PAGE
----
Delaware Legislation Released Today Adds Requirement Before Purchasing Handgun
The House Judiciary Committee today released legislation that would add Delaware to a growing list of states that require residents to complete a firearm training course and obtain a permit before purchasing a handgun. Under Senate Bill 2(S), sponsored by Senate Majority Whip Elizabeth “Tizzy” Lockman and House Majority Whip Melissa Minor-Brown, most Delawareans could obtain a permit to purchase a handgun if they have completed an approved firearm training course in the last five years. Qualified active and retired law enforcement officers and anyone permitted to carry a concealed deadly weapon by the State of Delaware would be exempt from that requirement because they already would have been required to complete a firearm training course. House Speaker Pete Schwartzkopf noted that under House Rules, SB 2(S) has been reassigned to the House Appropriations Committee.
“In almost every aspect of our lives, people must undergo some version of training: to operate machinery, for medical purposes, to drive, to serve alcohol, and many other activities. Requiring people who want to buy a firearm to take a training course isn’t some undue burden; it’s basic common sense to learn how to safely load, use and store a lethal weapon, which will make both the gun owners and the public safer,” said Rep. Minor-Brown, D-New Castle South.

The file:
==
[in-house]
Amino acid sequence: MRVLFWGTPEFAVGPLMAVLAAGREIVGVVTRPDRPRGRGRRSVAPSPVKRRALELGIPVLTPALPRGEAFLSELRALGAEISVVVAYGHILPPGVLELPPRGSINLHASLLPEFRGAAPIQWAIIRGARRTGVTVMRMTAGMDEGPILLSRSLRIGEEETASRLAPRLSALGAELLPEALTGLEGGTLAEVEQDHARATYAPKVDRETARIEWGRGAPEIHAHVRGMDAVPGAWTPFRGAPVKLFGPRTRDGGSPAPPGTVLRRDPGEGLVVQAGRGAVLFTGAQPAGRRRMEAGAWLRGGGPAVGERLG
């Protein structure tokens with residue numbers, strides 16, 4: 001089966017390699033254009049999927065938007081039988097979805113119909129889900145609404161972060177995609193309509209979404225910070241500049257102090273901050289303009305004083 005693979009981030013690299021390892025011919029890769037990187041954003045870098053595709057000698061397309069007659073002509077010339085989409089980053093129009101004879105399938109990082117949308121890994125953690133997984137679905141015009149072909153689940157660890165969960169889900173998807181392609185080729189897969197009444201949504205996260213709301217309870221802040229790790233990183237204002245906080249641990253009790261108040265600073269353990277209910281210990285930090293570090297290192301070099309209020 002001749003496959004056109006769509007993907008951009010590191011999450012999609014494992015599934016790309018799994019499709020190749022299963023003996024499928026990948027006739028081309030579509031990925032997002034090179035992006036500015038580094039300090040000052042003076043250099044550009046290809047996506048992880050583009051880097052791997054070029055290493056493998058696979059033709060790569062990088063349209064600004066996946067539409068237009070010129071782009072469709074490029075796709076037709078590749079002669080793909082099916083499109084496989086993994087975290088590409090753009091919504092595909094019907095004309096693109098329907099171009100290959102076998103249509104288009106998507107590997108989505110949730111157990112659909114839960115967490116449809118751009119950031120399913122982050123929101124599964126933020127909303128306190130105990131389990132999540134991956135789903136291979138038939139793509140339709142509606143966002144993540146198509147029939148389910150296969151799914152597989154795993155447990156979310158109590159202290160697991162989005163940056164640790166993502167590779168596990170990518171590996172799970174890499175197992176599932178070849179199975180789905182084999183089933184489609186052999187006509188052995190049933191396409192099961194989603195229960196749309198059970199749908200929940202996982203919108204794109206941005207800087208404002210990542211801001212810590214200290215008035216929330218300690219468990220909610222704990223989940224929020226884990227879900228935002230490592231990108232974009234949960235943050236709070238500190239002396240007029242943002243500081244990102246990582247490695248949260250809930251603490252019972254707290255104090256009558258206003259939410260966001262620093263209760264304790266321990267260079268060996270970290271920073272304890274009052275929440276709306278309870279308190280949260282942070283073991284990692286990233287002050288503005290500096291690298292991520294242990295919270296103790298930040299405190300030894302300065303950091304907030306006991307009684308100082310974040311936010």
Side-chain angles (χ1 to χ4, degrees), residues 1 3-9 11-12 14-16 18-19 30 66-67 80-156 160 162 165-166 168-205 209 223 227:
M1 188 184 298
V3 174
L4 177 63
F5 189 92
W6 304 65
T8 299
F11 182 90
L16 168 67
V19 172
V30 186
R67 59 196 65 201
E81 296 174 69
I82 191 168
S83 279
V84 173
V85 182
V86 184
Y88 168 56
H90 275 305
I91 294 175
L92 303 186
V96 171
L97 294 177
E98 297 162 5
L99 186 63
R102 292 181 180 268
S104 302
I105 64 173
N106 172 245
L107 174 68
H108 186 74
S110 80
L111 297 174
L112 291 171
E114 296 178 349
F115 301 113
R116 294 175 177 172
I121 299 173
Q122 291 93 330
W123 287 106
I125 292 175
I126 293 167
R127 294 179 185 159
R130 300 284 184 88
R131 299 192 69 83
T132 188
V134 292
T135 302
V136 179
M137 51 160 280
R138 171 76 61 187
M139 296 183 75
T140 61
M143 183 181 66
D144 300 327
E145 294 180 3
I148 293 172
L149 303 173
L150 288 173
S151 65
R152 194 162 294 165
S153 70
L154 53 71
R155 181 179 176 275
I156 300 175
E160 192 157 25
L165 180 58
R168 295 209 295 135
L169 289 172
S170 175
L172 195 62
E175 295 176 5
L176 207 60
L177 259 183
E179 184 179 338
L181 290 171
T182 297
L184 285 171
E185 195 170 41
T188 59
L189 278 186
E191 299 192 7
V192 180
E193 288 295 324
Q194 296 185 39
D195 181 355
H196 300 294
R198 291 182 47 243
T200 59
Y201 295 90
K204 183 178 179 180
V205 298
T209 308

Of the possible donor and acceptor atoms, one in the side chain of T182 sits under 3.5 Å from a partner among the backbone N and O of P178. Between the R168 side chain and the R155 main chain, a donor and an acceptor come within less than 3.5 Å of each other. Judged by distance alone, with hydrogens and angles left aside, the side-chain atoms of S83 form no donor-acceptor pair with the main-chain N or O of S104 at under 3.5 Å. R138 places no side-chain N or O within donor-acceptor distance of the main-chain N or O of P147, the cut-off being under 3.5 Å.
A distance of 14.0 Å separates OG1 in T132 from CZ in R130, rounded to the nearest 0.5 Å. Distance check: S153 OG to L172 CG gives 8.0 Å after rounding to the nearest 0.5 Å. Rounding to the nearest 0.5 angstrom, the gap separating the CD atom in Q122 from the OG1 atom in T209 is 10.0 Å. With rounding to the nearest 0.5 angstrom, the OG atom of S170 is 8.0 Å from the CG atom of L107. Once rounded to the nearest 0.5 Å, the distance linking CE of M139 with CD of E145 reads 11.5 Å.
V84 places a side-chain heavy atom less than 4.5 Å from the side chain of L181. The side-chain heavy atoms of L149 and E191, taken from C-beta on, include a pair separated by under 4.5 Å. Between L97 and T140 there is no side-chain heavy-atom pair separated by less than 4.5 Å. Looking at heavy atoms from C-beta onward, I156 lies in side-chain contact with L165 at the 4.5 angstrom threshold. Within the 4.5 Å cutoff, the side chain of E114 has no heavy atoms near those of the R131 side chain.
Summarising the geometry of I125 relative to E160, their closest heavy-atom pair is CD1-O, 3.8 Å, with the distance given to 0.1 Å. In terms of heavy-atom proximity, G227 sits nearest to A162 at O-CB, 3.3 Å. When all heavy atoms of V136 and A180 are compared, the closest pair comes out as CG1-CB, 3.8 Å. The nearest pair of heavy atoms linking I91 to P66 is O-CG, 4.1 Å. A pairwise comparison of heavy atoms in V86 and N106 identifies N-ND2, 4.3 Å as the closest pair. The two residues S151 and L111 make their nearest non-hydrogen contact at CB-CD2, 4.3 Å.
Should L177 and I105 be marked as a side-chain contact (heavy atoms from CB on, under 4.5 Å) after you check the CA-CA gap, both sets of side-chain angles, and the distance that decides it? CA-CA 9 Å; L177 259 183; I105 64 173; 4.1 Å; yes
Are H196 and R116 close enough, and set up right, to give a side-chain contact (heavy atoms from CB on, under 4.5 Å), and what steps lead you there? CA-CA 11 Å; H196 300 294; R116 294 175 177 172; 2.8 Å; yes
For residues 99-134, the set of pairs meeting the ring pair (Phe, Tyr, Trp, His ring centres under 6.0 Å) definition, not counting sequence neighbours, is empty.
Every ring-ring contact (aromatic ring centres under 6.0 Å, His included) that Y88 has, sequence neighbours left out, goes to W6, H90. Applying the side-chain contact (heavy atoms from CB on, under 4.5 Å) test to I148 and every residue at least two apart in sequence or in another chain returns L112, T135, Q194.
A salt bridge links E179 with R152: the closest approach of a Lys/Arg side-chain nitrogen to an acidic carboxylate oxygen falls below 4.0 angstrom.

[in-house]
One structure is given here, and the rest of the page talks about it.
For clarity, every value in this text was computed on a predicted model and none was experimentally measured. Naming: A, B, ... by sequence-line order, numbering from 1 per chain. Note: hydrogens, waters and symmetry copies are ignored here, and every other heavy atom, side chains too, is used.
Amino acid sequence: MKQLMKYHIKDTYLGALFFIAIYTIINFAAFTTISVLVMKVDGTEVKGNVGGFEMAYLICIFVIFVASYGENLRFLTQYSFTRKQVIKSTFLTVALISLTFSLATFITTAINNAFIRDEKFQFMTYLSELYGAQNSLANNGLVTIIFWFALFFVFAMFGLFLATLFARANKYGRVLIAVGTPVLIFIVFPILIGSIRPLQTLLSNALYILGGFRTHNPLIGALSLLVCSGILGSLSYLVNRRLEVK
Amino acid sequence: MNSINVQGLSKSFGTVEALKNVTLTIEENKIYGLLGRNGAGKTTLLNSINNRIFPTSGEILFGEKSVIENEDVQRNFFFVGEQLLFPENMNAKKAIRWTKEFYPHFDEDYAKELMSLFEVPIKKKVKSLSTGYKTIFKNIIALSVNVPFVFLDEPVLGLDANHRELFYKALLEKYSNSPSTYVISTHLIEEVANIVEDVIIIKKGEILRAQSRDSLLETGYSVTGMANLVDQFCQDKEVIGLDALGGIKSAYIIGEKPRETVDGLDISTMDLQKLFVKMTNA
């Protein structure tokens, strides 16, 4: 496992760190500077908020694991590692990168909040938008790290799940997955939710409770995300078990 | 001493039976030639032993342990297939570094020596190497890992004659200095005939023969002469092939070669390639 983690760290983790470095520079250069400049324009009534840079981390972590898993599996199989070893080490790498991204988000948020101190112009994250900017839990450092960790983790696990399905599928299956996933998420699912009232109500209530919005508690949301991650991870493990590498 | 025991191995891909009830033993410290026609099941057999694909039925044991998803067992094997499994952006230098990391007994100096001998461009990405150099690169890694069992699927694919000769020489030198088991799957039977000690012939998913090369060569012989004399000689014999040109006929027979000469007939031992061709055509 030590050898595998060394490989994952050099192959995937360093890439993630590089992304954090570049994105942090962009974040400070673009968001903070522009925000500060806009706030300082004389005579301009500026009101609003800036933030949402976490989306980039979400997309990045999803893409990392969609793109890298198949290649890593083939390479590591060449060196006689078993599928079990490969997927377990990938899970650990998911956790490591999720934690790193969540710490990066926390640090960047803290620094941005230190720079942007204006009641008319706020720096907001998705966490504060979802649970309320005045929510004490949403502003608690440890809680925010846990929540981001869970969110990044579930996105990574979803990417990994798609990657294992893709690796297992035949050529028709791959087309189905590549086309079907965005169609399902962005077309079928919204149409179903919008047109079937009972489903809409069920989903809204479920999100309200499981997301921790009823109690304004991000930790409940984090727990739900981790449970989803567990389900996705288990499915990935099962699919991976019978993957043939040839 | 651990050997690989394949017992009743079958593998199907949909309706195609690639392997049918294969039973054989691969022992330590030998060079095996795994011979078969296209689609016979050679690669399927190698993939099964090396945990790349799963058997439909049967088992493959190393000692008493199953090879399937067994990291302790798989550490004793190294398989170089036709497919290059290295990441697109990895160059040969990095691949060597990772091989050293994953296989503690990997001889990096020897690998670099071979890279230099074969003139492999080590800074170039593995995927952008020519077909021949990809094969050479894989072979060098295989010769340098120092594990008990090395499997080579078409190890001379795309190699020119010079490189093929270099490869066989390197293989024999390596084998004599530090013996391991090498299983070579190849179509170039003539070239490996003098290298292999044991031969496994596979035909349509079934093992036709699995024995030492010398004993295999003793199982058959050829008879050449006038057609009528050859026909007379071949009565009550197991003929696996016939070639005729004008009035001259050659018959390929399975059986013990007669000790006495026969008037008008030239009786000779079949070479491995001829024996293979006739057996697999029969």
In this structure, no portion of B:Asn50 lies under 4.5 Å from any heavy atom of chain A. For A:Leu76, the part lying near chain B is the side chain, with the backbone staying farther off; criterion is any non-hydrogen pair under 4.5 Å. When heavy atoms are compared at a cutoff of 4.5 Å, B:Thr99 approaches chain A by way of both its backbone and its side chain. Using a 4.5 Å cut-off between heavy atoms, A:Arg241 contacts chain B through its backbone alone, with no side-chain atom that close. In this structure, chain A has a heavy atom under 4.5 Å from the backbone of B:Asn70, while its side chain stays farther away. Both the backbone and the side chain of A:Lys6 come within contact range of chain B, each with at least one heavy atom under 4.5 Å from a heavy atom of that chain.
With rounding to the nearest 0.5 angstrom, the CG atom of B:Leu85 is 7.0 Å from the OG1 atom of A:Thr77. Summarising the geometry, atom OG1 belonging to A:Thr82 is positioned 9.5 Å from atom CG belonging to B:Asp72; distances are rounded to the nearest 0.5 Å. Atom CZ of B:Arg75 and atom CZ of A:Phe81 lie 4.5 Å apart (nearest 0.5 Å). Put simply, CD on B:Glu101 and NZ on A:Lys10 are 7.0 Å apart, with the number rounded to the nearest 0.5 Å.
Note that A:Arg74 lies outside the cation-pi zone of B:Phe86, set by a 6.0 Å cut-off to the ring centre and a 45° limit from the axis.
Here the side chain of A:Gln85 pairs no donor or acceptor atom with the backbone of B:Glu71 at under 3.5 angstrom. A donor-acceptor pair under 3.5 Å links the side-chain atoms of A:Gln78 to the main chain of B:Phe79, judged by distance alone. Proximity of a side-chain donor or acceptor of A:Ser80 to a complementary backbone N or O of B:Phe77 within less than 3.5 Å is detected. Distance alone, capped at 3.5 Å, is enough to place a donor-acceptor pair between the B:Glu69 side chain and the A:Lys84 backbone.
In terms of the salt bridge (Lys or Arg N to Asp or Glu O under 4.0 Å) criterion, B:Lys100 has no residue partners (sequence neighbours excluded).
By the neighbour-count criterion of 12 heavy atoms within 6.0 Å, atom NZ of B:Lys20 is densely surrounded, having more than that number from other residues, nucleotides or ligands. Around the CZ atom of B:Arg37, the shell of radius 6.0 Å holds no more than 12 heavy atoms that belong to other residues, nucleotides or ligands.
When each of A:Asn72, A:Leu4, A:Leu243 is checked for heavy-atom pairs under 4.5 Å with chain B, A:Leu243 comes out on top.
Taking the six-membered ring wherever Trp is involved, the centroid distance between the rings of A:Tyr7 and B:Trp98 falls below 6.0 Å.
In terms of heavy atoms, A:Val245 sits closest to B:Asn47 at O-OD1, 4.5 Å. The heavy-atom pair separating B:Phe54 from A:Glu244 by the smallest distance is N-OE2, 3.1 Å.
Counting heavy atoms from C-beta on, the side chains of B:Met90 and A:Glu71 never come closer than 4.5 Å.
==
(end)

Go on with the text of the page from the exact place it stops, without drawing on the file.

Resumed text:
“We have taken another important step in making Delaware a safer and more responsible state by advancing this bill out of the Judiciary Committee today. The next step in the process is making sure we have the funding to actually implement the law, which is why SB 2 must go to Appropriations: we have to budget the funds before we pass it. I am hopeful that the Joint Finance Committee will provide the funding for permit-to-purchase so we can send the final bill to Governor Carney to sign into law.”
House Speaker Pete Schwartzkopf noted that under House Rules (specifically, House Rule #20), SB 2(S) has been reassigned to the House Appropriations Committee. Under that rule, any bill with a fiscal note estimating that it would cost $100,000 or more in any one of the next three fiscal years must be reassigned to the Appropriations Committee, which is comprised of the House members of the Joint Finance Committee. SB 2(S) carries a fiscal note of more than $2.8 million in fiscal 2024 and would exceed $7.7 million in both fiscal 2025 and 2026.
Next week, the Joint Finance Committee, 12-member panel of representatives and senators from both parties charged with drafting the state’s operating budget, will begin markup, a period when the committee takes the governor’s recommended budget and begins voting on specific funding requests, essentially writing the budget.